What's behind this difference in earnings? The money that a writer makes from a book, screenplay, or other type of project often depends on sales. For example, a book contract may include an advance (based on the book's expected sales). Then, the writer is paid a percentage of the sales after they exceed the amount of the advance. Even for skilled writers, publishing contracts are often hard to obtain. Long before she earned $95 million in one year, Rowling's manuscripts were repeatedly rejected. In fact, her first Harry Potter book was rejected 12 times before she had a publishing contract.4 In other words, persistence is important if you want to rise to the top. Fortunately, many writers find that their love for writing keeps them going.
Of course, it's also possible to publish a book yourself. With a self-published book, you will receive all the profits from its sales. On the other hand, you will also pay for the expenses of publishing it and promoting it. Similarly, you can write a screenplay and independently produce a movie based on it, without signing a deal with a movie studio. You can also publish articles you've written on your own blog or website.
Simply put, advances in technology have given writers more control over their careers and how much money they can earn. But going the independent route also means that, along with your writing, you will need to develop your marketing and public relations skills. After all, promotion is often the key to success for writers who work on their own.
Many writers do choose to work for themselves. In fact, about two out of every three writers were self-employed in 2016.5
3. What Is the Job Outlook for Writers?
Job openings for writers are predicted to grow about eight percent from 2016 to 2026. In particular, writers who know how to create content for online audiences and social media platforms will be in demand.5
What will your focus be? Maybe you want to create stories for video games or the big screen. Or perhaps your goal is to work for a respected publication or advertising agency. Regardless of your writing focus, here are some important steps you can take to improve your opportunities and find success:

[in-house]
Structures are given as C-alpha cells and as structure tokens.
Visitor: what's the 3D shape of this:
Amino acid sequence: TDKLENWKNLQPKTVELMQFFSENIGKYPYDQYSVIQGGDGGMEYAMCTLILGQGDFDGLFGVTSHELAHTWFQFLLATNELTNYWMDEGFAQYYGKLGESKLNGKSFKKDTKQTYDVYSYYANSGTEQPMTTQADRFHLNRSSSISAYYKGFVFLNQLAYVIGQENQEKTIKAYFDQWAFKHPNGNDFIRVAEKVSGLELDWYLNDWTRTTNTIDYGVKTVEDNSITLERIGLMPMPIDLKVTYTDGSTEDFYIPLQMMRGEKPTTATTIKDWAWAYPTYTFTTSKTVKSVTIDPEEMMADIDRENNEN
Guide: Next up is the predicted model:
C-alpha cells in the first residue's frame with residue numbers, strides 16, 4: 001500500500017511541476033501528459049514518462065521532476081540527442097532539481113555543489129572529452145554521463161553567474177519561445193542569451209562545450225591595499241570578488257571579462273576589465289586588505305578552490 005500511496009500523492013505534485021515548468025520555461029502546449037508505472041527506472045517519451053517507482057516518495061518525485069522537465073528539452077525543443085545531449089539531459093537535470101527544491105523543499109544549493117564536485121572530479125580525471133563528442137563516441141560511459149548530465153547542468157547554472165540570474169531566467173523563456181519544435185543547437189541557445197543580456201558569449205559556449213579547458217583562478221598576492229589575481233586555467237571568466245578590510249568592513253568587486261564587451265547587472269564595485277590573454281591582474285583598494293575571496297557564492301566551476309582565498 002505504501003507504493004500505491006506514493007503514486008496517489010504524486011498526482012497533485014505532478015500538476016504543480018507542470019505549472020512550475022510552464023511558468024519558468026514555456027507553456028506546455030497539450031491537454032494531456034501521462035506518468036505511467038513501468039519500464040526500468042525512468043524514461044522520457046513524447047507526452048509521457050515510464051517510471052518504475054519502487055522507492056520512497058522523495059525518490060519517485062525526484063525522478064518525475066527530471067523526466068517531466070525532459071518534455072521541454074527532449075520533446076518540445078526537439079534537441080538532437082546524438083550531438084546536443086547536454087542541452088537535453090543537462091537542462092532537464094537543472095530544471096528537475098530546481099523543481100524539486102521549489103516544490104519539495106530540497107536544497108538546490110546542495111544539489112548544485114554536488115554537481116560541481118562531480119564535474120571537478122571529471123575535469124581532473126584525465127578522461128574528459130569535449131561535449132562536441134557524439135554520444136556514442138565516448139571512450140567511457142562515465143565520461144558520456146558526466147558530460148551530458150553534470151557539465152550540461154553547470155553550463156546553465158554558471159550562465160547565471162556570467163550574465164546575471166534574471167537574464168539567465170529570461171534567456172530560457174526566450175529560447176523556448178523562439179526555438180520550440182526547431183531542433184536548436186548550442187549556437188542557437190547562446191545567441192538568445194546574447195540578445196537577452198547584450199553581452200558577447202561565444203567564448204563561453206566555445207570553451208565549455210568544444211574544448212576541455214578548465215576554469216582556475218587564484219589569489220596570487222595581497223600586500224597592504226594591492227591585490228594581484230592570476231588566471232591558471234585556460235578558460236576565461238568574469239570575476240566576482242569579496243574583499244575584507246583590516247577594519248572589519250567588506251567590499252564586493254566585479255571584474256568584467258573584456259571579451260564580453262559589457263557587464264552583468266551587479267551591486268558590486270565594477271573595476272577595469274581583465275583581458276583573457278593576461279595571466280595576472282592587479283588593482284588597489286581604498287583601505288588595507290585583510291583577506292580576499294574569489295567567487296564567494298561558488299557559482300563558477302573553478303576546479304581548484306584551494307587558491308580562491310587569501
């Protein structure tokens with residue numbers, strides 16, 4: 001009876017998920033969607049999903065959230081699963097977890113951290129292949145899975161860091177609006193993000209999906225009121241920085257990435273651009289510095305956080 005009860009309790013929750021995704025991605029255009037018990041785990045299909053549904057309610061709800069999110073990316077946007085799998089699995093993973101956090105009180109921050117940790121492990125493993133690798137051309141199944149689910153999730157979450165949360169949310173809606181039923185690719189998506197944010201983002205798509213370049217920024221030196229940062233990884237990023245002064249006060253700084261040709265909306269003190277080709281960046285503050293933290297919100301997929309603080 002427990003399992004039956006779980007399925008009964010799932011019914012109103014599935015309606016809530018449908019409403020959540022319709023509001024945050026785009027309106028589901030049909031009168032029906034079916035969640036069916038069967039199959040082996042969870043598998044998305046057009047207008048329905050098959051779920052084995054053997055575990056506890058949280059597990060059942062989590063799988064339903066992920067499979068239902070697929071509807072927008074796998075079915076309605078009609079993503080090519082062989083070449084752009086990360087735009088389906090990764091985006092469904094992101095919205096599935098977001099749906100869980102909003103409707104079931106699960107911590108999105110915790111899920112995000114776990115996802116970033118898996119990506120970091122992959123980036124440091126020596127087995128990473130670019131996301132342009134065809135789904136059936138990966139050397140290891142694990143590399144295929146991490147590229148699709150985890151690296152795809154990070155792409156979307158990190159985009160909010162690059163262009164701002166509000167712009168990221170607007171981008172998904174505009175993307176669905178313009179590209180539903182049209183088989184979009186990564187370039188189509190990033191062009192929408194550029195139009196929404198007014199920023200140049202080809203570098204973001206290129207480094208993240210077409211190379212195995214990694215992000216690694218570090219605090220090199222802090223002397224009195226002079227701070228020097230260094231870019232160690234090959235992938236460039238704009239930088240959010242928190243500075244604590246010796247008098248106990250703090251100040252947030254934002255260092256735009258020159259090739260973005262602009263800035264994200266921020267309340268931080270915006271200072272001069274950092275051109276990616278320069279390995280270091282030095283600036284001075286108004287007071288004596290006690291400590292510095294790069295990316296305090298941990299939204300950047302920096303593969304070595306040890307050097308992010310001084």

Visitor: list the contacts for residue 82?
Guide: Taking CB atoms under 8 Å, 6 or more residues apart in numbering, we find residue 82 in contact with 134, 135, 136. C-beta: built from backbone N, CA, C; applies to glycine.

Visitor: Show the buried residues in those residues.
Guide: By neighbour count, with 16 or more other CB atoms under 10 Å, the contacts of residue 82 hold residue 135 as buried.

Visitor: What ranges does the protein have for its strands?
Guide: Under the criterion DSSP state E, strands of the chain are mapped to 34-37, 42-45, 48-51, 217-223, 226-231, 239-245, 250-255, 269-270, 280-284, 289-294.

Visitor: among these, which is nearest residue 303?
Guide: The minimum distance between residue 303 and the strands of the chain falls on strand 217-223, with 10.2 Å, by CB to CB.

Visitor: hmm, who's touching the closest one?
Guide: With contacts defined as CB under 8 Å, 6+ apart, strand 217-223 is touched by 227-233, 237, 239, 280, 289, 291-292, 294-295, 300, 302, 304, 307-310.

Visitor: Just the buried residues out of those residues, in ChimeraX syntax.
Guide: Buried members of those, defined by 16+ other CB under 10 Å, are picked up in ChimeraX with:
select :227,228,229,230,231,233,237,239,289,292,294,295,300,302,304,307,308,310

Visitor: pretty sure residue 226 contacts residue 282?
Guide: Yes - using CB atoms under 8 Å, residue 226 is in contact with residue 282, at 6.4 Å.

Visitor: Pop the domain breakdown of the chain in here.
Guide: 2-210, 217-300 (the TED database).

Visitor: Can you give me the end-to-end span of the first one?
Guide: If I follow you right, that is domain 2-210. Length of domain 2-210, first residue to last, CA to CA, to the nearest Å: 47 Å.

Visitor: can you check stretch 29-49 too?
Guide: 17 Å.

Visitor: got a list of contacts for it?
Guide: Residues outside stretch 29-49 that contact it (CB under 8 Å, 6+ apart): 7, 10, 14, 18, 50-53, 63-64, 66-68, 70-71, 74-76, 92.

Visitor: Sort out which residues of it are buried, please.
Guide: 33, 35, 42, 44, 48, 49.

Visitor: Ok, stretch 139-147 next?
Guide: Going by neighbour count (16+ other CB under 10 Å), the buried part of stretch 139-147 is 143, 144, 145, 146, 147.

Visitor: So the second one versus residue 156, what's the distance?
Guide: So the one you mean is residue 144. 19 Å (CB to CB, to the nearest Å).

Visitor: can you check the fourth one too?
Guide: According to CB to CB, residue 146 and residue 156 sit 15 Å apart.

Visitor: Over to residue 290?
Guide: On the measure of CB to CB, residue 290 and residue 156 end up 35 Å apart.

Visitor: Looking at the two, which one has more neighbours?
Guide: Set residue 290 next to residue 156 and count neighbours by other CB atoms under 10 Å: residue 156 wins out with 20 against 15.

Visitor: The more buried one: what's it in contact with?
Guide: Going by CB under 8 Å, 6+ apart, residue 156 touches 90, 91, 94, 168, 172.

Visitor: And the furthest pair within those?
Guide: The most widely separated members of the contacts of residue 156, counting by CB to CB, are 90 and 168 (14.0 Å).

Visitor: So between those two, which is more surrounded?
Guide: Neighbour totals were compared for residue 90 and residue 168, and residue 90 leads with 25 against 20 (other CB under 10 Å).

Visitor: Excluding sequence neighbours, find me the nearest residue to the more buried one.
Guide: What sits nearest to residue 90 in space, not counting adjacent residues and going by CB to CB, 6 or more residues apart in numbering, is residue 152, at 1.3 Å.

- Read. Reading the work of other writers will help improve your own writing. Find some good role models and read everything they produce. Pay attention to what works and note what doesn't work.
- Share your work. Writing careers can make excellent jobs for shy people. However, it's important not to be too shy about your writing. Although it can feel tough at first, getting feedback on your work will help you improve. Listen to others' opinions with an open mind. A good writing class or workshop will help you connect with other writers who share your love for words.
- Get your name out there. Increasingly, writers are responsible for promoting their own work. For example, if you write fiction, you might be responsible for planning your public readings. If you have a blog, social media can help you get the word out. And if you want to work in an office, then meeting deadlines and working well with editors and other colleagues can help boost your reputation. Simply put, be prepared to promote your writing talent and overall professionalism.
Time to Get Started
Are you ready to turn your love for writing into a career? Taking the first step is easy. In fact, by reading about some of your options, you've just taken it. Ready for the next step? Just enter your zip code into the search tool below to see writing schools near you!
1 Bureau of Labor Statistics, U.S. Department of Labor, Occupational Employment Statistics, website last visited on July 25, 2019.
2 Forbes "How J.K. Rowling Earned $95 Million In A Year," website last visited on August 27, 2018.
3 Content Wonk, "Results of the 2018 Freelance Writers' Survey," website last visited on August 27, 2018.
4 Inc., "How Did J.K. Rowling Become Unbelievably Successful? She Found the Perfect Response to Failure," website last visited on August 27, 2018.
5 Bureau of Labor Statistics, U.S. Department of Labor, Occupational Outlook Handbook, website last visited on August 27, 2018.